The options are as endless as your imagination. Give of yourself this holiday season, and there will be more for all of us.

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World & Local Resources


Environmental Groups:

Many area environmental groups sell items to help fund their efforts: see our Tips and Resources page for a list of area organizations. You can also buy someone a membership in one of these organizations, to support an existing interest, or to open the window to new experiences such as nature hikes.

Audubon Society –
Cape Fear Audubon Society

Conserving & restoring natural ecosystems
910.409.5160 www.capefearaudubon.org

Cape Fear River Watch
Rain barrels, books, and boating trips.
617 Surrey Street
Wilmington, NC
910.762.5606
www.capefearriverwatch.org

North Carolina
Native Plant Society –

Southeastern Coastal
Area Chapter

Field trips, workshops and plant propagation guides
www.ncwildflower.org

North Carolina State
Beekeepers Association

Beekeeping information and local training programs
www.ncbeekeepers.org

North Carolina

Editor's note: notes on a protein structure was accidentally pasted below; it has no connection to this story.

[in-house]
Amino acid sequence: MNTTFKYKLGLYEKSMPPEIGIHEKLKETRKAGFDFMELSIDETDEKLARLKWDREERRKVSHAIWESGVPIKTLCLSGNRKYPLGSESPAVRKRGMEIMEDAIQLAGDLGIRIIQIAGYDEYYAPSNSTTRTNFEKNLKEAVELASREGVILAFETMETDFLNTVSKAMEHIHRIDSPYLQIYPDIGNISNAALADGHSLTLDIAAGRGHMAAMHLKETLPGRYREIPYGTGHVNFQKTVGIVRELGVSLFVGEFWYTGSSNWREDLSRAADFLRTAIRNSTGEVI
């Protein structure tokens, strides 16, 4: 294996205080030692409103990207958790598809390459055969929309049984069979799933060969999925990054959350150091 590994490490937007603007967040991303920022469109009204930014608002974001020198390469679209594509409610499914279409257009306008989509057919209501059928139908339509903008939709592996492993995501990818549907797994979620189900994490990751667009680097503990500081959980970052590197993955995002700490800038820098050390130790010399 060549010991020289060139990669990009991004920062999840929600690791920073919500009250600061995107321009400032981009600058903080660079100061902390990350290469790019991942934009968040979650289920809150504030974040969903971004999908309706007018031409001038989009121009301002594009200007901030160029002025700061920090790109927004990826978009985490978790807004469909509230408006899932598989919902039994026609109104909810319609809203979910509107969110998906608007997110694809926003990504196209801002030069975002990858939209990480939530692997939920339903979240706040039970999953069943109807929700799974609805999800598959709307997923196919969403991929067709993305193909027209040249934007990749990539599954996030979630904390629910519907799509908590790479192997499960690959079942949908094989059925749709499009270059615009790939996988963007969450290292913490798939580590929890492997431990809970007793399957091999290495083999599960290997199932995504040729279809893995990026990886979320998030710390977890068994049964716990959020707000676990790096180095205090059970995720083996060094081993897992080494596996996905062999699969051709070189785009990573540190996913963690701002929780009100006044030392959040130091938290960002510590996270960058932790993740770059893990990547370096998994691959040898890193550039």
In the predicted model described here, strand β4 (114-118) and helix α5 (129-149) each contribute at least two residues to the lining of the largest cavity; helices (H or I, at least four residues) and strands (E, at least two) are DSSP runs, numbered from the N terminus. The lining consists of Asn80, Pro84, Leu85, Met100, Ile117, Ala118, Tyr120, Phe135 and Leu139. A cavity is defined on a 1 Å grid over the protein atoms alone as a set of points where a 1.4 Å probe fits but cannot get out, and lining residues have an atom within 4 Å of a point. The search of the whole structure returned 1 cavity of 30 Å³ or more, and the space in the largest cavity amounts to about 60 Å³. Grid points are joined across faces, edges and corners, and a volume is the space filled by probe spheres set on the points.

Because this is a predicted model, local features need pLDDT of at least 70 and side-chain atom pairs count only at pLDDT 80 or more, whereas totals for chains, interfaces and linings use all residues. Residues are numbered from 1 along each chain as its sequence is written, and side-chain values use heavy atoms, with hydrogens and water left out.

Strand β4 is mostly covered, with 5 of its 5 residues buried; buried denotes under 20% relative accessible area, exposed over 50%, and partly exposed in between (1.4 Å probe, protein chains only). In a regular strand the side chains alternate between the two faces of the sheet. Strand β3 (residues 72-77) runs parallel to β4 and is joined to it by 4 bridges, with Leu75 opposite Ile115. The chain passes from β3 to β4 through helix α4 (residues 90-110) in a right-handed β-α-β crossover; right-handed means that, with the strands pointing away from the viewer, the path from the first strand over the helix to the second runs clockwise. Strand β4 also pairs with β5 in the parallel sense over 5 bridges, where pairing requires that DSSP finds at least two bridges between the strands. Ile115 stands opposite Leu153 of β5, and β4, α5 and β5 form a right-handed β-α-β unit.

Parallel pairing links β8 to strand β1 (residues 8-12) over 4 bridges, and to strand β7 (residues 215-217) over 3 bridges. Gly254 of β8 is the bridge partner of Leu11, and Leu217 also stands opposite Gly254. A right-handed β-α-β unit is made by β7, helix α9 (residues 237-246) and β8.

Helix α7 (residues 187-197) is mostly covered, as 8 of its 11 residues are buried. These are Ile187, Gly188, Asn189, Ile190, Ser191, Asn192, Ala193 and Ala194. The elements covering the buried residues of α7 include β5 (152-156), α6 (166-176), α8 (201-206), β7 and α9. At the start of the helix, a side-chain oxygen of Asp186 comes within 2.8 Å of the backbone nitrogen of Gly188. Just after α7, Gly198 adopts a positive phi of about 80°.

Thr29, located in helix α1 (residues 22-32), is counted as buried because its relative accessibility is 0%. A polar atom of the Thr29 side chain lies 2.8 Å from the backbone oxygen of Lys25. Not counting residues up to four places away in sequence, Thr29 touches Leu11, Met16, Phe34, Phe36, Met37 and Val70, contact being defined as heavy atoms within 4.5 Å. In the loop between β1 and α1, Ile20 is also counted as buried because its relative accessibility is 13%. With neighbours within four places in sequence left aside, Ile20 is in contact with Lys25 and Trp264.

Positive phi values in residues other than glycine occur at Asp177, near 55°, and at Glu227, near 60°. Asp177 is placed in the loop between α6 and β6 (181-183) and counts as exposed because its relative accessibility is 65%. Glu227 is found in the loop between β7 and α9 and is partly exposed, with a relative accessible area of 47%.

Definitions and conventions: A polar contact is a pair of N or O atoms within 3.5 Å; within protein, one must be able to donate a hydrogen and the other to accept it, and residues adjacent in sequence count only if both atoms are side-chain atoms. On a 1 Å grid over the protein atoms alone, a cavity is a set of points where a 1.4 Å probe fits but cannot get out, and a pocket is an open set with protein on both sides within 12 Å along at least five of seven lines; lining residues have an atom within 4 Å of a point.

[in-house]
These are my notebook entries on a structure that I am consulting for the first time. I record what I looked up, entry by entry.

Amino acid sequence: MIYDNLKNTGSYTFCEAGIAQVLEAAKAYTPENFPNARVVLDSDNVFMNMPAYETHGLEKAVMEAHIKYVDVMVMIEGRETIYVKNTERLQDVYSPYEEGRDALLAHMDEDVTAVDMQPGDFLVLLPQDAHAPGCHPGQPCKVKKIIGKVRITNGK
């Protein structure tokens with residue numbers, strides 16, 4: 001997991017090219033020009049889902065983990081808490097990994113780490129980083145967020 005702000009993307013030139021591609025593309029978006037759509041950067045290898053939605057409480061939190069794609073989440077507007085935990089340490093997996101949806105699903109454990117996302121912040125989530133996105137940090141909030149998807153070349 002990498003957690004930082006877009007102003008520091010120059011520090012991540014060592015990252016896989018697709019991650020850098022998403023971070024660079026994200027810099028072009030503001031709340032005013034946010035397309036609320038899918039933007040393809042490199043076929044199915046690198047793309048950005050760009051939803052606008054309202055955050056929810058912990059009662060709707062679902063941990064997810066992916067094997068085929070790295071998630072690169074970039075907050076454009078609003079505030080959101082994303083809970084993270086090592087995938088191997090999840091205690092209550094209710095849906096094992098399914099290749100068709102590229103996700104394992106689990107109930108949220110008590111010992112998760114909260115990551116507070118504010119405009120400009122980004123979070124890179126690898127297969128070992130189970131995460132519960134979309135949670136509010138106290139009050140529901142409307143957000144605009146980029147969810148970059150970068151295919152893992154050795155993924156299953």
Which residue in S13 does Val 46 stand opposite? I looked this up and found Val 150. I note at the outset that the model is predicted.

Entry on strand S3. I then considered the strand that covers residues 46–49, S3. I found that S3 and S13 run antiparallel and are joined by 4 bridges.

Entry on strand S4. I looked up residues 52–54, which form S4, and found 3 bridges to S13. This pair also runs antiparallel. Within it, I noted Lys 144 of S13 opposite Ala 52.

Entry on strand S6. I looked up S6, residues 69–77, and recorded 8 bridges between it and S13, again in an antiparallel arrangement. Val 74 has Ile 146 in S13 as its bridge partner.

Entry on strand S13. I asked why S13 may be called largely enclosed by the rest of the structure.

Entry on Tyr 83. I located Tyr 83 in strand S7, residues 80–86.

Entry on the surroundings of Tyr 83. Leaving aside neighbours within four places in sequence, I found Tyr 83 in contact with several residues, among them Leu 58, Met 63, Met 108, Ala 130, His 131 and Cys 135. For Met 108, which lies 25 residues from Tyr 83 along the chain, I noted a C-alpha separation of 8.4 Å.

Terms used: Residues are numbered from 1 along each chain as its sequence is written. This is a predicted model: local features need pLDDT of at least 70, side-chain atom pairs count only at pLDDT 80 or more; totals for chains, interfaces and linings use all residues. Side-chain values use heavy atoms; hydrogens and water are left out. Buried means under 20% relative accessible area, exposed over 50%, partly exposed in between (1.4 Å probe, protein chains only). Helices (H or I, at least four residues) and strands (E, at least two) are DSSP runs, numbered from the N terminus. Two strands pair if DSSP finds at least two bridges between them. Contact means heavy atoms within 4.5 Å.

Coastal Federation

Advocacy and coastal habitat restoration projects, nature gift shop
910.509.2838
www.nccoast.org


Local Art & Crafts:

Buying locally-made items is always a greener option, and it helps support members of your own community. The shops at the Cotton Exchange and Chandler’s Wharf are good options.

Kids Making It, Inc.
Woodworking mentoring program for at-risk youth builds entrepreneurs
617 Castle Street
Wilmington, NC
910.763.6001
kidsmakingit.org

Cameron Art Museum
3201 So. 17th Street
Wilmington, NC
910.395.5999
www.cameronartmuseum.com

New Elements Gallery
201 Princess Street
Wilmington, NC
910.343.8997
www.newelementsgallery.com

Homegrown Handmade:
Art Roads & Farm Trails
of North Carolina
www.homegrownhandmade.com

Etsy
Listing of handmade crafts from USA, click “shop local” button to find local products
www.etsy.com


Museums & Attraction Shops:
Museum shops offer classes, exhibits and volunteer opportunities and their gift shops are a fantastic place to find gifts that reflect the nature around us.